2015 Global CIO Survey

Creating legacy

Every company today is a technology company. CIOs are involved not just in driving efficiency, but also in reimagining customer experiences, reshaping how work gets done, and even rewiring business models. The study analyzes the expectations and the competencies that are required for today’s CIOs.

This 2015 global CIO study, backed by experience with hundreds of IT leaders who have participated in Deloitte’s CIO Program, shows how the four framing elements shape the context in which CIOs deliver value today and tomorrow: Business priorities, leadership and talent, relationships and technology investment. The research is based on surveys and interviews with more than 1,200 CIOs and senior IT executives across 43 countries around the globe.

Every company today is a technology company; CIOs are involved not just in driving efficiency, but also in reimagining customer experiences, reshaping how work gets done, and even rewiring business models. This survey shows that across organizations big and small, across industries, and across geographies, CIOs have common business priorities, all directly linked to the heart of their businesses.

Five business priorities dominate the CIO agenda

CIOs around the globe were nearly unanimous in identifying the top five business priorities: performance, cost, customers, innovation, and growth. These top priorities were consistent across industry, geography, and size of organization.

What is the expectation for today’s CIOs?

CIOs have moved from leading a supporting function to managing a business function. They reported that business leaders expect them to not only contribute to the bottom-line business priorities, but also to enable and even drive top-line initiatives. Many CIO respondents described simultaneously juggling business performance and growth objectives with IT cost reduction and efficiency improvement.

Today’s CIOs have to be ambidextrous, contributing to business strategy on one hand, while trying to ensure that day-to-day operations are running effectively on the other. Most importantly, CIOs need to have not only technology acumen but also the courage and conviction to lead their organizations through change.

Competencies that a successful technology leader needs

Out of the 12 leadership capabilities, CIOs overwhelmingly picked six as the most important for success in their role: influence with internal stakeholders, communication skills, understanding strategic business priorities, talent management, technology vision and leadership, and the ability to lead complex, fast-changing environments. Three skills with the largest gaps were the ability to influence internal stakeholders, talent management, and technology vision and leadership. These gaps point to a general proficiency in “managerial” skills and a relative deficiency in “leadership” skills for CIOs.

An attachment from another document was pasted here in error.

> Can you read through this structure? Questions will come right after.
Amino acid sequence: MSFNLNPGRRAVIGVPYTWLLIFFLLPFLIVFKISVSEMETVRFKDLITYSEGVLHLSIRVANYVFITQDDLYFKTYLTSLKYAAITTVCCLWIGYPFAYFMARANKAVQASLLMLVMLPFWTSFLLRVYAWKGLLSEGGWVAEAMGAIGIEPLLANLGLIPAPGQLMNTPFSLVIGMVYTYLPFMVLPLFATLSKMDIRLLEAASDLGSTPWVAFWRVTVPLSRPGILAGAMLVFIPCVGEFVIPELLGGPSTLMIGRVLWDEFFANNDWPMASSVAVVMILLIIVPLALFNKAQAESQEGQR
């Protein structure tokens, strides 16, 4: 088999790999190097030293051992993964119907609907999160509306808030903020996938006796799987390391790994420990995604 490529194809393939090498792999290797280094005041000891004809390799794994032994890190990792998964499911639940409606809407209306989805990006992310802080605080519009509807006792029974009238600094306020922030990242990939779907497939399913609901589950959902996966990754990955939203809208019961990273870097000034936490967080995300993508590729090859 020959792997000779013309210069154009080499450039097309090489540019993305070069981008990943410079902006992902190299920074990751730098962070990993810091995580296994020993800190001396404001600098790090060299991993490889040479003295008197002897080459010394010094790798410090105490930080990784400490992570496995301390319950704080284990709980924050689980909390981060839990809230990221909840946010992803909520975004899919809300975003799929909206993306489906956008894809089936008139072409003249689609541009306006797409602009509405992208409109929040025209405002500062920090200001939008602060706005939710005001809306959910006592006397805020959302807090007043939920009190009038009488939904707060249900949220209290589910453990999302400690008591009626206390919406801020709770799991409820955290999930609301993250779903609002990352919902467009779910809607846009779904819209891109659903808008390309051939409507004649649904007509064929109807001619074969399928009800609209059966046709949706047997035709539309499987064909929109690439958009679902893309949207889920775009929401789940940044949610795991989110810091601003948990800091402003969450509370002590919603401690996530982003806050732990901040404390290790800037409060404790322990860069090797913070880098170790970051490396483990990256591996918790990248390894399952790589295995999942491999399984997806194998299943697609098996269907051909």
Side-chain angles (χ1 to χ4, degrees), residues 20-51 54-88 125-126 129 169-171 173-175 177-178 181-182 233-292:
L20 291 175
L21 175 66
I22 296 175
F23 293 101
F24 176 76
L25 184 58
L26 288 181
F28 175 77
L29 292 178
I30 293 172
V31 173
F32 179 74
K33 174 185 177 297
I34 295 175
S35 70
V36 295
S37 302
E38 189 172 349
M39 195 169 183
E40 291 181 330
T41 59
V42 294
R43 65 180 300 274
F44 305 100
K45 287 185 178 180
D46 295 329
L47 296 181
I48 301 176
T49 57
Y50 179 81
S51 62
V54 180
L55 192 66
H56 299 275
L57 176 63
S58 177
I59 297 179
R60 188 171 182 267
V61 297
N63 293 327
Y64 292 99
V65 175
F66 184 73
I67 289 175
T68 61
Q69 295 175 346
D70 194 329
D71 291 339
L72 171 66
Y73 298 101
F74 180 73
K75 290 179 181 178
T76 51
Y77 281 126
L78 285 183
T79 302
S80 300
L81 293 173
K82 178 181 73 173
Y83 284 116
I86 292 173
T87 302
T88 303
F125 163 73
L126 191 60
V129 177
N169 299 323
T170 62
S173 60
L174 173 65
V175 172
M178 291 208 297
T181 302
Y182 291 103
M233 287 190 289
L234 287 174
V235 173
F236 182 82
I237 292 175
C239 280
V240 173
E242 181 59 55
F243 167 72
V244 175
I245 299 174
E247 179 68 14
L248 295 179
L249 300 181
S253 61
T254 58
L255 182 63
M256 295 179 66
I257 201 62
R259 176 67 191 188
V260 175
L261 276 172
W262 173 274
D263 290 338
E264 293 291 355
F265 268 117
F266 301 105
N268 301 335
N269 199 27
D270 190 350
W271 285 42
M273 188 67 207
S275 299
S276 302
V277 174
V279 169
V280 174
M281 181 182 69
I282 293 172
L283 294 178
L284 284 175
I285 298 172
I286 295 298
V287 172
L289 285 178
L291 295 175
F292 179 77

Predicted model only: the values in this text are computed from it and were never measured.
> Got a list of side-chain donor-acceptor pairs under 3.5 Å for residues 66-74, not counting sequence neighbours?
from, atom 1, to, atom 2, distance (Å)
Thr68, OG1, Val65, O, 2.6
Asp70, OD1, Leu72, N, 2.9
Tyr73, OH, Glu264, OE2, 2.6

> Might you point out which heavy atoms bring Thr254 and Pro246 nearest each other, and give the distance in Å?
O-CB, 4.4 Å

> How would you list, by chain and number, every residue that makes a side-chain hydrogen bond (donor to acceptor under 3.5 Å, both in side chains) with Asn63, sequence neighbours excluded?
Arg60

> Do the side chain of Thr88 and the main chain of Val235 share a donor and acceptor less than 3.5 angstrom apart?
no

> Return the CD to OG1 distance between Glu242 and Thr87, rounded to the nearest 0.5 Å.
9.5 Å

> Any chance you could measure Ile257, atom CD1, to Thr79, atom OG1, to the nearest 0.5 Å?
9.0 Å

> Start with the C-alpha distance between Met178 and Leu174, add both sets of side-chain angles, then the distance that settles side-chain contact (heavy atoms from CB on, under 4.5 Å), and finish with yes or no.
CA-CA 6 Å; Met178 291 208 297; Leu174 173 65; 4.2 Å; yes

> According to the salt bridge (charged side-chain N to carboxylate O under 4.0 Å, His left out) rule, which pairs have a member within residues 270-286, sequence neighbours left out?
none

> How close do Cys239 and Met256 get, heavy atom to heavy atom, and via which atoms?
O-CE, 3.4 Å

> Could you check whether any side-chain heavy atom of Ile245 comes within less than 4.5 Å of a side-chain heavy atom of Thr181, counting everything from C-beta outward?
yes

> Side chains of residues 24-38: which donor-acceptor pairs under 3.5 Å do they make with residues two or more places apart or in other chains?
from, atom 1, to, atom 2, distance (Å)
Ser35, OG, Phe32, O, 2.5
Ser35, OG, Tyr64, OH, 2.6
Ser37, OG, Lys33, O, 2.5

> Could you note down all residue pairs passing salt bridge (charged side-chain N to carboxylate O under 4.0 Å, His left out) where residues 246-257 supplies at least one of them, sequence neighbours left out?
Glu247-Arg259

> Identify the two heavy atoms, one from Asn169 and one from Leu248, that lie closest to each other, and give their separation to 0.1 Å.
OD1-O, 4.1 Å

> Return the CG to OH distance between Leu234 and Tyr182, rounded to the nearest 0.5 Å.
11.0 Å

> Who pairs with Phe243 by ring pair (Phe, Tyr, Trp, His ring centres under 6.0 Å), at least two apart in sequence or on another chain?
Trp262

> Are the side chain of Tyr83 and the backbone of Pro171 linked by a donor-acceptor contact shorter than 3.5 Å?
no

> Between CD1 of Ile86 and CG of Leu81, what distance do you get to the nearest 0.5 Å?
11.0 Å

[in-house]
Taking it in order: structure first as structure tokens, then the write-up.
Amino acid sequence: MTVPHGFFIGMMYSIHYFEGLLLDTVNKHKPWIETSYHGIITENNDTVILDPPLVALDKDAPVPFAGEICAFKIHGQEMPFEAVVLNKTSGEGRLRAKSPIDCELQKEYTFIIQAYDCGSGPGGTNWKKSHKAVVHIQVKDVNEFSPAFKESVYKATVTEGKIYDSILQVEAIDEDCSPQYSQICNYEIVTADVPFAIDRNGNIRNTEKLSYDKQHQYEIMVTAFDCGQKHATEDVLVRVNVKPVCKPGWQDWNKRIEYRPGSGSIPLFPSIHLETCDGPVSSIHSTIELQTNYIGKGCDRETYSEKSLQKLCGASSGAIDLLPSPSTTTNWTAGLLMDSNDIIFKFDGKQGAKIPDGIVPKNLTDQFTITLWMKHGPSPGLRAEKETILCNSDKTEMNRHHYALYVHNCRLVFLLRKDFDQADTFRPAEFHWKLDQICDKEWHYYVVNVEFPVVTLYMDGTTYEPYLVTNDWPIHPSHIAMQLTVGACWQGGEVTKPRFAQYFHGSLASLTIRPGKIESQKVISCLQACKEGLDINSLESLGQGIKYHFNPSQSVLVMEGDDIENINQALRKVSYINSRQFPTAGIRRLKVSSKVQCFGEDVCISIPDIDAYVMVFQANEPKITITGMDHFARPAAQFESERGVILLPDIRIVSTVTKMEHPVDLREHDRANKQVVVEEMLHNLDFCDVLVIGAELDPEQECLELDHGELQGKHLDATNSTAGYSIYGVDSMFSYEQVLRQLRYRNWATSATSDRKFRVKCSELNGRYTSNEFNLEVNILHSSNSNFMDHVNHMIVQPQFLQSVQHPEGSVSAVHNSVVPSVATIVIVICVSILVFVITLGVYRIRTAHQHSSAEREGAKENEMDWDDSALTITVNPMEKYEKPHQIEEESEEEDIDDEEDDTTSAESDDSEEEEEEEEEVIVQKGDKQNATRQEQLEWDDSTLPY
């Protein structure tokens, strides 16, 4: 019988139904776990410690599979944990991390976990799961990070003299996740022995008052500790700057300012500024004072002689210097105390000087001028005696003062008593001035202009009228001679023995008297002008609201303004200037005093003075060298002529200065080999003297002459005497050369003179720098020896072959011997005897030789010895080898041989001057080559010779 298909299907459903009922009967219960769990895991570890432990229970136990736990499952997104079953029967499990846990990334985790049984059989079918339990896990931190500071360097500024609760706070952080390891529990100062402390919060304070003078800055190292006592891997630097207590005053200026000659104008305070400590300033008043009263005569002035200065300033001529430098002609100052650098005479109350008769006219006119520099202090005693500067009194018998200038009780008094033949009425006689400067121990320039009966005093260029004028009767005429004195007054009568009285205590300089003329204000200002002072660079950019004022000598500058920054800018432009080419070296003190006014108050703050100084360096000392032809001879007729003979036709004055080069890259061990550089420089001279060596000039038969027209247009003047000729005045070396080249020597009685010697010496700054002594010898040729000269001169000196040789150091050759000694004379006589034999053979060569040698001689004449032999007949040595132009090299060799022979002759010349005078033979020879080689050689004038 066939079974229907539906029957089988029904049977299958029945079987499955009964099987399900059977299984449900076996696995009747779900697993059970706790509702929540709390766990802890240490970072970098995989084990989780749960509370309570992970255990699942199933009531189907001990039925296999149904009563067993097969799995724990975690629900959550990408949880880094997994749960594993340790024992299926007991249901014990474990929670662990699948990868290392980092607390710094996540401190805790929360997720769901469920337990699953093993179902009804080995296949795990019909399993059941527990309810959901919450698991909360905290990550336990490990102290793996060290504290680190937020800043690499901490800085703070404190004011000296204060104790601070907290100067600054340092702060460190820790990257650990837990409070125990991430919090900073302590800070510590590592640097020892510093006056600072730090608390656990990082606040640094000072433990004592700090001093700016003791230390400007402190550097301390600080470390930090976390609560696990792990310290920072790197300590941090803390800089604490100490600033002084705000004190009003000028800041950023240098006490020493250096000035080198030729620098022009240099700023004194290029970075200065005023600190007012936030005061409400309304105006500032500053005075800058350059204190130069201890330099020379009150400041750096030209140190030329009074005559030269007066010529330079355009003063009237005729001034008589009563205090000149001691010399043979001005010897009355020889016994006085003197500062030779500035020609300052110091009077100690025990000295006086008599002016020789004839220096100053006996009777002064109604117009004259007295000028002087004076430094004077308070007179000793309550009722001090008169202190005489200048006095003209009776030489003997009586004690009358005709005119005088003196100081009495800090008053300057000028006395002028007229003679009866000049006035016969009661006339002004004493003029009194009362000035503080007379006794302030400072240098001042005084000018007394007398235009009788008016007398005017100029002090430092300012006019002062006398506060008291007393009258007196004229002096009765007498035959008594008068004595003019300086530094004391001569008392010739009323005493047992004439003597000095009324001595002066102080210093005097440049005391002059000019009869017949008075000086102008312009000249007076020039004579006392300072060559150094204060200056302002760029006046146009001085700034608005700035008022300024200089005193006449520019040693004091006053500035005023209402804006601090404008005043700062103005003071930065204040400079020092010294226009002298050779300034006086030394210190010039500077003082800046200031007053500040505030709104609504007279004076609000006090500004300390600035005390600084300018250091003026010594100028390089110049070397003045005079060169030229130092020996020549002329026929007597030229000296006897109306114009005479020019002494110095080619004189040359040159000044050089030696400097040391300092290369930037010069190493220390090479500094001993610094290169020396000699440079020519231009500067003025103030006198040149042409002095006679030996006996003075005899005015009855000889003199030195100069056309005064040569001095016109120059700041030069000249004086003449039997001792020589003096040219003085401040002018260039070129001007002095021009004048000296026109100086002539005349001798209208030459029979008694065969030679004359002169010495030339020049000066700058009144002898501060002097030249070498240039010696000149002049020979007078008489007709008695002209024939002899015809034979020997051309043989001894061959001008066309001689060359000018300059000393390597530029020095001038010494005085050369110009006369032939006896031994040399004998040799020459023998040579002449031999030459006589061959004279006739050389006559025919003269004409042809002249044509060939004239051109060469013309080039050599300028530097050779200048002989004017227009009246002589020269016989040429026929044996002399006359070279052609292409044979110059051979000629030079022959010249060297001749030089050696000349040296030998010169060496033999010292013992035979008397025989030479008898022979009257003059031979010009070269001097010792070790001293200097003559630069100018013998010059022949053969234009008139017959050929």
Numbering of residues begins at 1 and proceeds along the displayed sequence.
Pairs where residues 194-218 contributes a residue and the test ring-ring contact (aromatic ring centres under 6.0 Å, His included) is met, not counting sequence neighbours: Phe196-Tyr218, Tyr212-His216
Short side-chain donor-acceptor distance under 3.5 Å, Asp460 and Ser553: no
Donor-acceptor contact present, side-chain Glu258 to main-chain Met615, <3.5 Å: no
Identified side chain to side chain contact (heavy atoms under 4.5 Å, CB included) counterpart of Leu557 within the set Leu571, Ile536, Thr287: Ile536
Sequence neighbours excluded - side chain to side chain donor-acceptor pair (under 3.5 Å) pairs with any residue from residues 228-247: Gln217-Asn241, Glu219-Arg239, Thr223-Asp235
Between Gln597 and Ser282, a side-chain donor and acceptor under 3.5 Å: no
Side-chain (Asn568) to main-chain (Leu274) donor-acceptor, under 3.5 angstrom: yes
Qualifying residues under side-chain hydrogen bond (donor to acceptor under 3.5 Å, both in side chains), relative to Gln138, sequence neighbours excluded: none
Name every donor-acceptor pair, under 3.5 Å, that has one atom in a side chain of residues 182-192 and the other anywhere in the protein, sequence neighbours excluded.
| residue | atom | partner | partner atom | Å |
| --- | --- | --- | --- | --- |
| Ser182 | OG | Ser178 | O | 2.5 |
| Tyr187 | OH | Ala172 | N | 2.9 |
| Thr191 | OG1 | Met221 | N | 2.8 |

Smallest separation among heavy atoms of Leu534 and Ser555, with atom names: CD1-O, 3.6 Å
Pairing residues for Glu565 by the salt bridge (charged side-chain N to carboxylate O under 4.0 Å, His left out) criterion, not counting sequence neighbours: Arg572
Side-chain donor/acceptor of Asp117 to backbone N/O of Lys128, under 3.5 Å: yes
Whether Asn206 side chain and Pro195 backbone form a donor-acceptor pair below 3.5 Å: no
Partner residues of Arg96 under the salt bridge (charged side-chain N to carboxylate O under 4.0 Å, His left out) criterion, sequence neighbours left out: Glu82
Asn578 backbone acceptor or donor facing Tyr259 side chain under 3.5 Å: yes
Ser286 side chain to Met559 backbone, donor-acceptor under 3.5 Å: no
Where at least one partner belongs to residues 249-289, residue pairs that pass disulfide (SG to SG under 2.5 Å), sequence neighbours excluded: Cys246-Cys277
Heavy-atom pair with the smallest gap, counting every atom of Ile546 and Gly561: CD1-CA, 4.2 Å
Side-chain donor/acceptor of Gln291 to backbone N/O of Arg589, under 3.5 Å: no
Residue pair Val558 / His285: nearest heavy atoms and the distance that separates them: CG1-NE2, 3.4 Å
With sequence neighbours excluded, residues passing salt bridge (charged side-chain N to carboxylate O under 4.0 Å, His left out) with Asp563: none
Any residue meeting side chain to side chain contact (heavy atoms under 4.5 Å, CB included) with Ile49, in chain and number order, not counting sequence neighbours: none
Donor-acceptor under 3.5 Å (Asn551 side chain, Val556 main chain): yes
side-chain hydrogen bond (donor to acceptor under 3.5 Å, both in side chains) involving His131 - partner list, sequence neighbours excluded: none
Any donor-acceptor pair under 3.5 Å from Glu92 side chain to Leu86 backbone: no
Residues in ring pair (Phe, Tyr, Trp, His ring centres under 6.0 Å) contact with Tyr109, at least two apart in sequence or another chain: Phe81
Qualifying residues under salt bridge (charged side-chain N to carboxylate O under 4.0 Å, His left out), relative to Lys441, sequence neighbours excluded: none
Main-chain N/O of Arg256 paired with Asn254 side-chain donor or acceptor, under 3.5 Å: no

Technology priorities and investments

CIOs unsurprisingly named analytics, business intelligence, and digital as the technologies that will have significant impact on the business within two years. Globally, three out of four CIOs picked analytics and digital as two technologies that will impact their business in the next two years.

Three different patterns that describe how CIOs are delivering value today

This report examined the characteristics of three CIO patterns: trusted operator, change instigator, and business co-creator. Each is distinct, driven by the frame of business priorities, leadership and talent, relationships, and investments. CIOs should first understand what the business needs, and then migrate to the pattern most suitable for delivering against those needs. This isn’t a one-time effort. As the framing elements change and evolve, so does the preferred CIO legacy profile:

·         Trusted operators deliver operational discipline within their organizations by focusing on cost, operational efficiency, and performance reliability. They also provide enabling technologies, support business transformation efforts, and align to business strategy.

·         Change instigators take the lead on technology enabled business transformation and change initiatives. They allocate significant time to supporting business strategy and delivering emerging technologies.

·         Business co-creators spend most of their time on driving business strategy and enabling change within their businesses to see that there is effective execution of the strategy.

2015 Global CIO Survey
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